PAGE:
USMCA: Safe Harbors Still Safe…For Now

The agreement reached this week on a new — and apparently final — version of the U.S.-Mexico-Canada trade agreement (USMCA, née NAFTA 2), is likely to be viewed as a setback by those looking to rein in the influence and market power of Google, Facebook and other U.S. technology giants.

The new agreement retains language mirroring Section 230 of the Communications Decency Act, despite a last-minute push by members of Congress from both sides of the aisle to get it removed.

The provision, which provides digital platforms with immunity from legal liability for content posted by their users, was originally intended to create a safe harbor where online platforms could find their sea legs in the early days of the internet. But it has come to be viewed by many in Congress and elsewhere today as a sop to the now behemoth tech companies, allowing them to profit from the spread of fake news, harassment and other dubious content unconstrained by regulation.

Retaining the language in international trade agreements could make it more difficult for Congress to repeal of modify Section 230 in the U.S. — as many on Capitol Hill would like to do — by obligating the U.S. by treaty to maintain the current, laissez-faire standard.

“I had one disappointment… [Section] 230, but I was too late coming in on it,” House Speaker Nancy Pelosi (D-Calif.) said at a press conference Tuesday to announce the agreement. “I lost – they had 230 in the agreement, there are some members that wanted that… it’s a real gift to big tech.”

In another win for tech companies, the agreement also includes language barring Canada and Mexico from enacting data localization laws that could force U.S. companies from processing and storing data collected from Canadian and Mexican citizens in those countries. A similar localization requirement in the European Union’s General Data Protection Regulation (GDPR) forced many U.S. technology companies to significantly retool their operations, at considerable expense.

Many outside the U.S. view such “data sovereignty” laws as a way to push back against the implicitly American-ized cultural and economic influence of the internet’s dominant platforms, and see the E.U. standard as a model for other territories. The provision barring them in the USMCA could raise at least a speed bump against their further spread.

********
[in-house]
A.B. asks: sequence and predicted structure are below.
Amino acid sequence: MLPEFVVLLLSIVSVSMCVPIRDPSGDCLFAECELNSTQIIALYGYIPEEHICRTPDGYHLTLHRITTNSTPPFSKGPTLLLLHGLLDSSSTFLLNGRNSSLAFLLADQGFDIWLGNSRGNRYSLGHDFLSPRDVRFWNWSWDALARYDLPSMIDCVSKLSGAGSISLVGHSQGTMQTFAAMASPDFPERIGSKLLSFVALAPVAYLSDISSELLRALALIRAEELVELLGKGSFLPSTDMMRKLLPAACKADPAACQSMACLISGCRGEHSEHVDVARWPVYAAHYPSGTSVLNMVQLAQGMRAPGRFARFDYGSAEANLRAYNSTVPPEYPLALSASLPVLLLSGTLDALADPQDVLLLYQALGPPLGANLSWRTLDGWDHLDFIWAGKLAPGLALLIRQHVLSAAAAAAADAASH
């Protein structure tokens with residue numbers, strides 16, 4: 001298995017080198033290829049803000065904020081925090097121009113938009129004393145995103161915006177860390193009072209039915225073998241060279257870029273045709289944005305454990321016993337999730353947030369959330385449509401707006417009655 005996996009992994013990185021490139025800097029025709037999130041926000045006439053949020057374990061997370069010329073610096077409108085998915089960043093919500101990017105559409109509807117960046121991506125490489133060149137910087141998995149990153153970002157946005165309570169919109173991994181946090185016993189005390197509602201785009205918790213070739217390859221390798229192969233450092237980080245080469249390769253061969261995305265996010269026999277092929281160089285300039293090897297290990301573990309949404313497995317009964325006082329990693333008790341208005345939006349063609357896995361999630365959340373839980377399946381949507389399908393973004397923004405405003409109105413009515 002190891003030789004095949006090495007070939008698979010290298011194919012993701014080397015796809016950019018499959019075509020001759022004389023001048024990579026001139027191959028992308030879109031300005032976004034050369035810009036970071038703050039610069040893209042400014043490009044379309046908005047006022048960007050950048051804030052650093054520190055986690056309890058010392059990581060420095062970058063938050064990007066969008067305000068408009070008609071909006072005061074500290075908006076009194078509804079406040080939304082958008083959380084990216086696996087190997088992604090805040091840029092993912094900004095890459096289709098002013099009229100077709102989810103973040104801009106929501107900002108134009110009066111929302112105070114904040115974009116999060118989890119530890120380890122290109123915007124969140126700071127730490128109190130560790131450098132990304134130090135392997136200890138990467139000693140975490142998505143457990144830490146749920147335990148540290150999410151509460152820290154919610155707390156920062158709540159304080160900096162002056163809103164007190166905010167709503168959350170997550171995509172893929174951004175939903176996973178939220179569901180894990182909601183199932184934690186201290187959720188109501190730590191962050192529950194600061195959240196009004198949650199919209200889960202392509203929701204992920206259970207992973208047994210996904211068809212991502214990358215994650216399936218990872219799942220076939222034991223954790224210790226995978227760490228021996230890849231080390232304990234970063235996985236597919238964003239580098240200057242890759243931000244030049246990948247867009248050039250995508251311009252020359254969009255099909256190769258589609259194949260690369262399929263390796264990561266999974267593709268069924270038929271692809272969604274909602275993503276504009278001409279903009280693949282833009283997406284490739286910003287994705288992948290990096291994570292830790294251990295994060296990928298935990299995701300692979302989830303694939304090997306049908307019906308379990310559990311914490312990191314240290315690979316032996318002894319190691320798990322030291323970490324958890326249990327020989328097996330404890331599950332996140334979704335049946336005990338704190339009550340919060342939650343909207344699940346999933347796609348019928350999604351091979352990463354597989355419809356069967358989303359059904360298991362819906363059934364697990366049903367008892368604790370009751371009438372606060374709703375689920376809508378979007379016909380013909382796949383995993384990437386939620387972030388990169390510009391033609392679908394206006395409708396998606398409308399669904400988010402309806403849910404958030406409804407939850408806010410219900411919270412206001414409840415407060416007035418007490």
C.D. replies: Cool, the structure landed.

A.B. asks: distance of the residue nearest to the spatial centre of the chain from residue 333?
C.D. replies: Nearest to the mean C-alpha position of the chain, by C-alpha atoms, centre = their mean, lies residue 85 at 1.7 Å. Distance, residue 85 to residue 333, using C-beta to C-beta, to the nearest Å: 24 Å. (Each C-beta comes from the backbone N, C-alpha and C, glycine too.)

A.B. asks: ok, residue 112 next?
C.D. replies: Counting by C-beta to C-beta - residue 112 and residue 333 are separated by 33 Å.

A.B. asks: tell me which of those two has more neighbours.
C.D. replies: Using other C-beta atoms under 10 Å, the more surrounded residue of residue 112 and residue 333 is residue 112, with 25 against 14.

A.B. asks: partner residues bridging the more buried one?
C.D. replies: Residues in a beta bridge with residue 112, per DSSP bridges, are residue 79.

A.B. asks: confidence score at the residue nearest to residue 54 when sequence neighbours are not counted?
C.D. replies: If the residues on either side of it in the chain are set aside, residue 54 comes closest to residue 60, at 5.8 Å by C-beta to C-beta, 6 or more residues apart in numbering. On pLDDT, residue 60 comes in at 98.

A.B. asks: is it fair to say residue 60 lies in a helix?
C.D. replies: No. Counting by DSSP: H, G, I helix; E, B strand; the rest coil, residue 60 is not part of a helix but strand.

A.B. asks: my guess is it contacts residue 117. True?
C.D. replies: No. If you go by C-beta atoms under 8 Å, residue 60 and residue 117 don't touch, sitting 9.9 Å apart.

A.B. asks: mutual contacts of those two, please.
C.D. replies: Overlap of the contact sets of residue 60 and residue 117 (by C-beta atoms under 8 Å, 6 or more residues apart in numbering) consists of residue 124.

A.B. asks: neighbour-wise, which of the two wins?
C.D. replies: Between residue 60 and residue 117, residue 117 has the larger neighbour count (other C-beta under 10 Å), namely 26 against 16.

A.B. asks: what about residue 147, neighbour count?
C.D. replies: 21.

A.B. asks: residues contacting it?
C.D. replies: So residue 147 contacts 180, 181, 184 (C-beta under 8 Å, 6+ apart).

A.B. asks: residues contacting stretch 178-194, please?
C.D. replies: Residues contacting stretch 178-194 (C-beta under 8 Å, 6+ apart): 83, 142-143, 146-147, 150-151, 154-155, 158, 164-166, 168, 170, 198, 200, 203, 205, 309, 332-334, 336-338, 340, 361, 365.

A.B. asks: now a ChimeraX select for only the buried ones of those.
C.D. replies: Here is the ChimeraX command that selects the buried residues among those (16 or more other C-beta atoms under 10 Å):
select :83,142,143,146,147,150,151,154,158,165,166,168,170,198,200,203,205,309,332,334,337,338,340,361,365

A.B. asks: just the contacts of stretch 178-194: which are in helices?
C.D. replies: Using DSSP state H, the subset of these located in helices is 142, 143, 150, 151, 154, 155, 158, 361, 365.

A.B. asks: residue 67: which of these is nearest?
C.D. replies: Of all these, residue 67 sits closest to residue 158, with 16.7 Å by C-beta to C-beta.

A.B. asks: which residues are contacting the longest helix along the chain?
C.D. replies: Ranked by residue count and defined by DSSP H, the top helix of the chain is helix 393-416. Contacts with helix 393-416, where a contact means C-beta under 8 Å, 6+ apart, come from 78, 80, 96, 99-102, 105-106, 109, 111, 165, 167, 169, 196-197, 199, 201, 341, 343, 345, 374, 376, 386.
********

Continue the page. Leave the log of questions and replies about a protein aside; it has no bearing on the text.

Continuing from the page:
Technology companies dodged another bullet could have poked a hole in their copyright safe harbor as well. The agreement retains language modeled on Section 512 of the Digital Millennium Copyright Act that shields user-generated content platforms from copyright liability for content posted by users, so long as the platforms follow a prescribed notice-and-takedown process.

Though once championed by rights owners looking to export U.S. copyright standards, many have since soured on the idea of including DMCA-like language in trade agreements, and the music industry in particular pushed hard for its removal from the USMCA.

With technology companies increasingly viewed as on the run politically — from GDPR and the E.U.’s recent adoption of a new Copyright Directive to rising concerns in the U.S. over their market power and porous content moderation — many in the copyright industries see their best chance since since the DMCA was enacted to roll back the scope of the safe harbor, which they blame for diverting billions of dollars of value from rights owners to technology providers.

The U.S. Copyright Office in coming weeks is expected to release the long-awaited findings from its nearly five-year review of Section 512, which are widely anticipated to include recommendations for modifications of the law.

The head of the Copyright Office, Karyn Temple, this week stepped down from her post to join the Motion Picture Association as general counsel, a move widely viewed in Washington as indication that the report’s findings will be favorable to copyright owners.

As with Section 230, however, retaining the 512 safe harbor in trade agreements could throw a wrench into legislative efforts to amend the DMCA by limiting Congress’ room to maneuver.

In a statement following announcement of the agreement, National Music Publishers Association president and CEO David Israelite lamented the result, saying publishers “remain concerned that the DMCA safe harbors in the agreement continue to devalue creators’ work and protect Internet service providers who should be doing more to prevent piracy and infringement.”

If there is hope for Sections 230 and 512 reformers at this point, it lies with the Senate, where Majority Leader Mitch McConnell, once a vocal supporter of USMCA, seems to have gotten cold feet on putting it to a vote now that a deal has been reached. In a statement Tuesday, McConnell said the Senate will not take up the USMCA until sometime next year, angering Democrats in the House, who want it see it done before Christmas.

McConnell is likely reacting to concerns raised by some Republicans that, in his zeal to claim a legislative victory, President Donald Trump made too many concessions to the Democrats, and Democrat-aligned groups on the terms of the agreement, particularly those relating to worker and environmental protections.

With an impeachment trial of Trump looming, where McConnell will need to hold his caucus together, he likely wants to avoid forcing his members into an awkward position of possibly opposing the president on a key priority until after the impeachment furor dies down — one way or another.